Are We There Yet? (AKA: The Chase)

Whereas most of my posts focus on casual riding, I’ve been doing a good amount of racing in the past year, so I’d like to cover a racing topic. More specifically, I’ve been doing a lot of criteriums (fast, short-course races), that contain breaks, chases, and – more often than not – failures of chases to catch breaks. These events got me thinking:

  1. How long would you have to work to chase down a break?
  2. How hard would you have to work to chase down a break?
  3. At what point does it become unfeasible to chase down a break?

Racing often speaks in seconds – the break is 10 seconds ahead of the peloton. And of course, depending on the speed, you can translate that 10 seconds to distance. For example: if the peloton is traveling at 24 mph, and the break is 10 seconds ahead of the peloton, then the break is 352 ft. ahead of the peloton. Might not sound like much, but that’s about the length of a football field (including the goal posts). Because my teachers always yelled at me when I didn’t, I’ll show my work:

24 mi/h x 5,280 ft/mi = 126,720 ft/h ÷ 3,600 sec/h = 35.2 ft/sec x 10 sec = 352 ft

Now that I’ve bored you with math, if the peloton and the break are traveling the same speed, that gap of 10 seconds won’t change, which means the distance won’t change. In order to close the gap, you have to go faster than the break. But how much faster?

24 mph is pretty fast in our highly-non-pro ranks. Let’s say we kick the speed up to 25 mph. That’s a 1 mph difference. At that rate, we’ll catch them, but when?

352 ft ÷ (1 mi/h x 5,280 ft/mi = 5,280 ft/h ÷ 3600 sec/h = 1.47 ft/sec) = 239.46 sec, or 3.99 min

You read that right. If you put only 1 mph more into the speed of the peloton, it’ll take 4 minutes to chase down a 10 second break. Another way to look at it is that it will take another 1.66 MILES at 25 mph before you catch that break. If each lap of a criterium is a mile, that’s almost 2 laps of racing used in just chasing them down.

Power-to-speed progression is exponential.
Power-to-speed progression is exponential.

I can hear you already saying, “But wait, we can just increase the speed, cut down our chase time!” Yep, true enough. But what will that cost you? An increase from 24 to 25 mph is a 4% increase in speed. Let’s say it costs you something like 280 Watts of power output to maintain 24 mph. That one additional mph can take your power up to some 325 Watts or more! That’s a 16+% increase in power for a 4% increase in speed. Why? Because the power required to overcome air resistance increases as the square of the speed. It’s exponential: the faster you go, the worse this gets. That’s a pretty large jump in effort, also known as “burning a match.”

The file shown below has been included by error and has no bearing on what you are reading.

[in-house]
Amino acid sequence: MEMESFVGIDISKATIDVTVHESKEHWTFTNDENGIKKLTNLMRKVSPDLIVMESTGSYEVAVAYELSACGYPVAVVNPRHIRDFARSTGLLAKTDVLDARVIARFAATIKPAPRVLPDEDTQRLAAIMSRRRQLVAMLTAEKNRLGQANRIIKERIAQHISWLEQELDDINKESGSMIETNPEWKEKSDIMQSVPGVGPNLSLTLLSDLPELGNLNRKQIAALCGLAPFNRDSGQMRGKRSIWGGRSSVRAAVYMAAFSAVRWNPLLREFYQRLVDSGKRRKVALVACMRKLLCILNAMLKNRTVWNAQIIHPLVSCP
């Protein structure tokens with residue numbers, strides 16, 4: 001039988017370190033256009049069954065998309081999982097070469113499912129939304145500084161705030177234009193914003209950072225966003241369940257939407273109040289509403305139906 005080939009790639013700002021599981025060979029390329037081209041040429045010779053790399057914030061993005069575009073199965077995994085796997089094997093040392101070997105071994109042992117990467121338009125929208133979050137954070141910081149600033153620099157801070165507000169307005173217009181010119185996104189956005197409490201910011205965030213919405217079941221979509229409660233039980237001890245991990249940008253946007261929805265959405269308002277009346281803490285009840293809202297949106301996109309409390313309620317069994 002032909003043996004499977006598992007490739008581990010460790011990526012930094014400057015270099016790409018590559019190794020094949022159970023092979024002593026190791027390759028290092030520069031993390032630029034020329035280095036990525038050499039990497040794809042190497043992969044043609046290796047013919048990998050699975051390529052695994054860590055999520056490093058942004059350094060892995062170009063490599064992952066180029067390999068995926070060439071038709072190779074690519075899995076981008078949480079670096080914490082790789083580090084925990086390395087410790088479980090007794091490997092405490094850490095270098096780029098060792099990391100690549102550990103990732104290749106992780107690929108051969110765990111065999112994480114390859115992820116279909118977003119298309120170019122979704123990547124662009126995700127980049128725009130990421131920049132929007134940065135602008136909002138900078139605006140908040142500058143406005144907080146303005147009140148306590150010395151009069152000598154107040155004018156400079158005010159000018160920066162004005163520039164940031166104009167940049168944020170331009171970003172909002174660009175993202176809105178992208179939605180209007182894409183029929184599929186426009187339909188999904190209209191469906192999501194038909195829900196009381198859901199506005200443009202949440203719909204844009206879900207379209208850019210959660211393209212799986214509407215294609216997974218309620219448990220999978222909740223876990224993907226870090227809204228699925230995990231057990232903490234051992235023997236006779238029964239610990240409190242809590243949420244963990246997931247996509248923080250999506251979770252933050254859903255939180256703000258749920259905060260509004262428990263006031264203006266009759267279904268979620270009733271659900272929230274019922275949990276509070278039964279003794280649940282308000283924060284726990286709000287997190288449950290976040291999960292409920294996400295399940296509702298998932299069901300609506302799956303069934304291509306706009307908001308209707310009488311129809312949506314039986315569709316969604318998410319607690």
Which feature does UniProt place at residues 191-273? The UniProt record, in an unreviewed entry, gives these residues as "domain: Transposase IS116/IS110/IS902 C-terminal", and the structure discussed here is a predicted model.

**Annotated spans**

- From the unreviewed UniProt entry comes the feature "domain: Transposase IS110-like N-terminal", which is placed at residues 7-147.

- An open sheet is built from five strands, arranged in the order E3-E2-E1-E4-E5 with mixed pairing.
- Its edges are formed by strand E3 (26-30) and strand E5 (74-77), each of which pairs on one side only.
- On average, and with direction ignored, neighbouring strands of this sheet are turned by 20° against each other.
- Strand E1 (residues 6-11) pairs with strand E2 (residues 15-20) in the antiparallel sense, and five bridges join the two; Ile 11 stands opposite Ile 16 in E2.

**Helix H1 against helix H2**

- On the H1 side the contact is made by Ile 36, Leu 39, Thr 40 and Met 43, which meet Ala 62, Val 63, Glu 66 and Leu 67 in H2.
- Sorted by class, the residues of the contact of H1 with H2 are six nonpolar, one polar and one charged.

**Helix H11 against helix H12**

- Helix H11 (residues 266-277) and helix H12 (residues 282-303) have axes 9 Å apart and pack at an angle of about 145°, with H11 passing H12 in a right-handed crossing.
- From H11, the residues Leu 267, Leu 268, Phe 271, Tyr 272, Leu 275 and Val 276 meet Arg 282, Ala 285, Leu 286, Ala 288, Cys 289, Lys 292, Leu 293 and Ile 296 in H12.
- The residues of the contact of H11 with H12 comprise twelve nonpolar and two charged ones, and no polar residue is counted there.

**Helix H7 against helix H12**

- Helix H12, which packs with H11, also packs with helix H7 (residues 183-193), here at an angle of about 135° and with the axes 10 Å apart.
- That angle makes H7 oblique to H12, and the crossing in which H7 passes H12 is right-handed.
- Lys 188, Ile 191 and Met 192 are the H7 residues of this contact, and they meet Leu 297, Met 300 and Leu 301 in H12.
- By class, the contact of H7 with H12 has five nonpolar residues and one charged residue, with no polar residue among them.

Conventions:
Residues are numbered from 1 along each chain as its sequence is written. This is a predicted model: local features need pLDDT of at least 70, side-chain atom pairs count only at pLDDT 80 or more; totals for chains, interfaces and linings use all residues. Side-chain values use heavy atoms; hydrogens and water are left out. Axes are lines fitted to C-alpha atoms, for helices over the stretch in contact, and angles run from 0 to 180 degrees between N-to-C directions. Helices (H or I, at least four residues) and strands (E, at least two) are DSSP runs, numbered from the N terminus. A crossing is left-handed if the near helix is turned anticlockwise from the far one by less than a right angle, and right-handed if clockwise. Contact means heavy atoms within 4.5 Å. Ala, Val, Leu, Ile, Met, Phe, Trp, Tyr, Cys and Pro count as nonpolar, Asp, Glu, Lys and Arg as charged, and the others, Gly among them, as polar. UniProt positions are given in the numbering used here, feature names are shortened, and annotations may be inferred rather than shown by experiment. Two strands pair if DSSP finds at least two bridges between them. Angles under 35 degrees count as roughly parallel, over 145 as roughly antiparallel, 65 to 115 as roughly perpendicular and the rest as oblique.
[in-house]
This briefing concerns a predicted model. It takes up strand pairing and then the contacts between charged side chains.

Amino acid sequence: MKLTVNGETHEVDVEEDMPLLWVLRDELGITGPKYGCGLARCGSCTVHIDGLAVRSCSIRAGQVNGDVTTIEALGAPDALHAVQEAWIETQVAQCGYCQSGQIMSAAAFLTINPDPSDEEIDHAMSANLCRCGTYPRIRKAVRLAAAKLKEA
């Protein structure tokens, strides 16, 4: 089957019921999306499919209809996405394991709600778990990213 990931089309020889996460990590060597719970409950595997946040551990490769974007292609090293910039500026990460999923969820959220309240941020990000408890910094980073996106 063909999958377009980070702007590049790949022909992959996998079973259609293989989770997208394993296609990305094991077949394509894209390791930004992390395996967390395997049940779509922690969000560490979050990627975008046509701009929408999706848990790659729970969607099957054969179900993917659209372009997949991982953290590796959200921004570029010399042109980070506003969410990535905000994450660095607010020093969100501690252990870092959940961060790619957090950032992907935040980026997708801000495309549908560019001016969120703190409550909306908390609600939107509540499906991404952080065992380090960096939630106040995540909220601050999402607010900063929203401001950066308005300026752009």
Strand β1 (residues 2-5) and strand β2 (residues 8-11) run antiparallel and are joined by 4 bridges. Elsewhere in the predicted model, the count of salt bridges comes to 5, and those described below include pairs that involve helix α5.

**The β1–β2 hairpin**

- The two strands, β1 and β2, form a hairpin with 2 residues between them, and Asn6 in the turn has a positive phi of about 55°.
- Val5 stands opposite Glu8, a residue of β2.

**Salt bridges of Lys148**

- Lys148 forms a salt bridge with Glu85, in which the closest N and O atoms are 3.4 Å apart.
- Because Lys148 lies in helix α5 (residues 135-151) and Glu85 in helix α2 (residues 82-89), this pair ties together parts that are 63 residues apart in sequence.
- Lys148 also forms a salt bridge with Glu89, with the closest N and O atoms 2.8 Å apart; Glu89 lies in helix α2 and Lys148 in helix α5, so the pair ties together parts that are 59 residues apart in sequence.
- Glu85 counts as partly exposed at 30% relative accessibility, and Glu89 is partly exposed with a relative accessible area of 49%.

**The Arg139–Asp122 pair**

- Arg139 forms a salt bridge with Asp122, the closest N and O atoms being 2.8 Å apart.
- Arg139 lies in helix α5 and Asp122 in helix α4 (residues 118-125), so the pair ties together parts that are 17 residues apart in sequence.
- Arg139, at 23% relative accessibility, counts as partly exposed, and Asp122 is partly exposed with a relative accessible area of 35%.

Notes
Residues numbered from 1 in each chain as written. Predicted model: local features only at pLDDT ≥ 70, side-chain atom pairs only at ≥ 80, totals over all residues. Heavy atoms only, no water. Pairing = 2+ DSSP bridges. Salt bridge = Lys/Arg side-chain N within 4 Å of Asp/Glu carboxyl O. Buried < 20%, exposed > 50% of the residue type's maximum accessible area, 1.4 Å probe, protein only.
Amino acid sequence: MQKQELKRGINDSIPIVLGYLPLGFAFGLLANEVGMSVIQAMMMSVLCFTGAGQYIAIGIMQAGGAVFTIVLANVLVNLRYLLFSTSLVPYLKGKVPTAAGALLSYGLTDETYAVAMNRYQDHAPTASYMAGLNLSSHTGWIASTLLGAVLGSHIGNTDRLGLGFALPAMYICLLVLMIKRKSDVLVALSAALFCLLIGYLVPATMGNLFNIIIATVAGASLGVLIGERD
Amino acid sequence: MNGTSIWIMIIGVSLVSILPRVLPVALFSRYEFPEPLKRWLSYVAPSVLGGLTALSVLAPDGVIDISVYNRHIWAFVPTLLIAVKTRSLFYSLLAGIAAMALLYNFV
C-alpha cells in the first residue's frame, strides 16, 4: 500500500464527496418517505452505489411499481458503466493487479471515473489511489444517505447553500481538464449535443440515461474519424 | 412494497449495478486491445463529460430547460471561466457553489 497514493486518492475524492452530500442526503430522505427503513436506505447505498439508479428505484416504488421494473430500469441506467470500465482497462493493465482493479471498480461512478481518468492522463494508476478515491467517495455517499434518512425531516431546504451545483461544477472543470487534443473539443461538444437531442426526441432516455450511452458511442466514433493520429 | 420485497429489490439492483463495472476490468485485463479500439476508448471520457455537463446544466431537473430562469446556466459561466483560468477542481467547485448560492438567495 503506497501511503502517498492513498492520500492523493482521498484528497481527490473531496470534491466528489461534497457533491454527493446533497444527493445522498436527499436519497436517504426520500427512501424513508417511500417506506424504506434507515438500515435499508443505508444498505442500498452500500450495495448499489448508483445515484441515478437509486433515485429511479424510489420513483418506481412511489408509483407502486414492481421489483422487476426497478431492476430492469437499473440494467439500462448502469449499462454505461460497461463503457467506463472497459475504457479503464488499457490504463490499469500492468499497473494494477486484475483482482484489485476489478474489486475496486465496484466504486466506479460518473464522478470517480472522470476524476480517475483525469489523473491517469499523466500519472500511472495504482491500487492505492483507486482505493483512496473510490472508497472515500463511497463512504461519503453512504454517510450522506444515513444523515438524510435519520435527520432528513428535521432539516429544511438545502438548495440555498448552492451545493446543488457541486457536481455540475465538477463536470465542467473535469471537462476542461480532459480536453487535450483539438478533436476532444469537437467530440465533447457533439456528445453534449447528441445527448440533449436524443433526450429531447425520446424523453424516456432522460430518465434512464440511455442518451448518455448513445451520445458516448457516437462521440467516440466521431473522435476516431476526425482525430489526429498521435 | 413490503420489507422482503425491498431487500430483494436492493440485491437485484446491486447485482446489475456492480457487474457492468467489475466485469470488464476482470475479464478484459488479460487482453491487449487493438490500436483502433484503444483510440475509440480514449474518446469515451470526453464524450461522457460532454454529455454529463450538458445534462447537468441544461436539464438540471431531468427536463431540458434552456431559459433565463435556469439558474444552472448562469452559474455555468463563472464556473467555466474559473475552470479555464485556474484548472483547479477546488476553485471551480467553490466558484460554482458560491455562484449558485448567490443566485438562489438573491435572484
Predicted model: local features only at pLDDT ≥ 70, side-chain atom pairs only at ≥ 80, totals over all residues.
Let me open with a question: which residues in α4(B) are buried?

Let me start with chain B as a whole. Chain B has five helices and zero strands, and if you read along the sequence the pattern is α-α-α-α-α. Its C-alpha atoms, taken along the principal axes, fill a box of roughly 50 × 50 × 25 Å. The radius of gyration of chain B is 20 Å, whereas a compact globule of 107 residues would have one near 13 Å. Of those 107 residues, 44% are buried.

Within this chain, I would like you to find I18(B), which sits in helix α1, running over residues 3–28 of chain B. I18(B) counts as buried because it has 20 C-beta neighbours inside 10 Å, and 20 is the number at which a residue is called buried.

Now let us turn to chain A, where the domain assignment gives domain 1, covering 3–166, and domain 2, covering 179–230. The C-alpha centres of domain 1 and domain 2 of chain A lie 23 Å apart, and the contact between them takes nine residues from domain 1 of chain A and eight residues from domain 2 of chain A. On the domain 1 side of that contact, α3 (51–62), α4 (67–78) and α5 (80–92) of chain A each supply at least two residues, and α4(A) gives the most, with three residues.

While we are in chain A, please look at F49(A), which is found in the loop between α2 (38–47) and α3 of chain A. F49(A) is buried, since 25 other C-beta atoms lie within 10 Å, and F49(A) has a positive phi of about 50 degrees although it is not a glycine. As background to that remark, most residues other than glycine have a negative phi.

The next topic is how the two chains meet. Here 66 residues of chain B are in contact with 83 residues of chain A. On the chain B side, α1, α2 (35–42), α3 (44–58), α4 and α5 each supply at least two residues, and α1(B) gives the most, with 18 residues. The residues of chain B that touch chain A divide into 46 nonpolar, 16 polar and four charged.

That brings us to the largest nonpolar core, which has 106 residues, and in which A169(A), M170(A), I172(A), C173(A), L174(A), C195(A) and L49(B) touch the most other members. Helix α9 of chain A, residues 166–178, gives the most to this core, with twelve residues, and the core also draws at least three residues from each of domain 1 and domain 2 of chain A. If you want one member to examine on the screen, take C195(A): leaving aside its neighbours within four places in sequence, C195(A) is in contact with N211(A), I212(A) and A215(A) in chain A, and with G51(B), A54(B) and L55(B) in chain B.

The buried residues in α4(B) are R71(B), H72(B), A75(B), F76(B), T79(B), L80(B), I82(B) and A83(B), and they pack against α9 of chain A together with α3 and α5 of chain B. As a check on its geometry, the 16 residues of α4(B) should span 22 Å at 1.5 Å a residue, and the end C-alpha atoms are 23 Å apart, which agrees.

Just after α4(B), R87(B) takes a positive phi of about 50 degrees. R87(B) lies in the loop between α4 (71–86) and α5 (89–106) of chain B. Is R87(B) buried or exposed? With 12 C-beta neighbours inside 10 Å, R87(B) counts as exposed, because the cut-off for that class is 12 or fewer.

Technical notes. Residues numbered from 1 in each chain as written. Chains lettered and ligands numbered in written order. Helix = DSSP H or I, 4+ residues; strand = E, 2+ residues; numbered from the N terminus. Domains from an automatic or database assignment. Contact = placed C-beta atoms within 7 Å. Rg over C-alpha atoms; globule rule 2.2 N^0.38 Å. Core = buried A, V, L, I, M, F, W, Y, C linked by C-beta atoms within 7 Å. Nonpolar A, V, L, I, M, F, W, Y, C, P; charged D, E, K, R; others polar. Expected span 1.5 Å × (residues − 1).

In a criterium you often have teammates or friends – or the announcer – yelling at you about how far ahead the break is. Let’s take an example from a race this year: the course was 1.2 miles. We were averaging almost 25 mph. That means we’d cover that distance in just under 3 minutes. When the break was 10 seconds ahead of us, it would’ve taken us almost 1.5 laps to catch them, assuming we could add 1 mph to our speed. That means unless we started the chase 2 laps out, they’d already won. Even adding 2 mph – which is a pretty Herculean effort at those speeds – would’ve required 3/4ths of a lap to catch them.

In road races, you usually don’t have people shouting out the time gap, but you can figure it out on your own. Choose a marker (like a light post or sign) and once the break passes it, start doing your “1 One-Thousand, 2 One-Thousand” thing, until you pass the same marker. Without doing all the math above you can still get a rough idea of how long it’ll take to catch them. For example:

  • I count that the break is 5 seconds ahead
  • I know that a 10 second break takes ~4 minutes to cover if I increase by 1 mph (from what we did above).
  • But we’re travelling a little slower – say the pack and the break are doing about 22 mph.
  • A decrease from 10 to 5 seconds I can think about being like a 2 minute chase (by going 1 mph faster), but since we’re going slower, I can guess it’ll take us less than 2 min.

Now, let’s see if my guess worked out:

22 mi/h x 5,280 ft/mi = 116,160 ft/h ÷ 3600 sec/h = 32.3 ft/sec x 5 sec = 161.5 ft

161.5 ft ÷ (1 mi/h x 5,280 ft/mi = 5,280 ft/h ÷ 3600 sec/h = 1.47 ft/sec) = 109.9 sec, or 1.8 min (1 min, 50 sec)

And there it is. Now we start getting a rough feel for the breaks and how long it’ll take to cover them with just a small increase in speed. Maybe from 22 to 23 mph. A good team can easily work together to ramp the speed by 1 mph. Or, you can attack and attempt to bridge the gap on your own – maybe increase from 22 to 24 or 25 mph. That would mean others would be less likely to follow, and you’d have to spend significantly more energy, but you’d do so for far less time (maybe 30-40 sec instead of almost 2 min).

I’m not saying you need to do all this math each and every time you try to gauge a break. But getting a feel for how long it’ll take to chase a break – and keeping track of whether they’re pulling away from you or getting closer – has to be on your radar. The long and short of it is that racing is as much about tactics – understanding your position in the race – as it is about actual riding ability. Knowing where you are, where your opponents are, and how much of the race is left; those three components can dictate your winning strategy.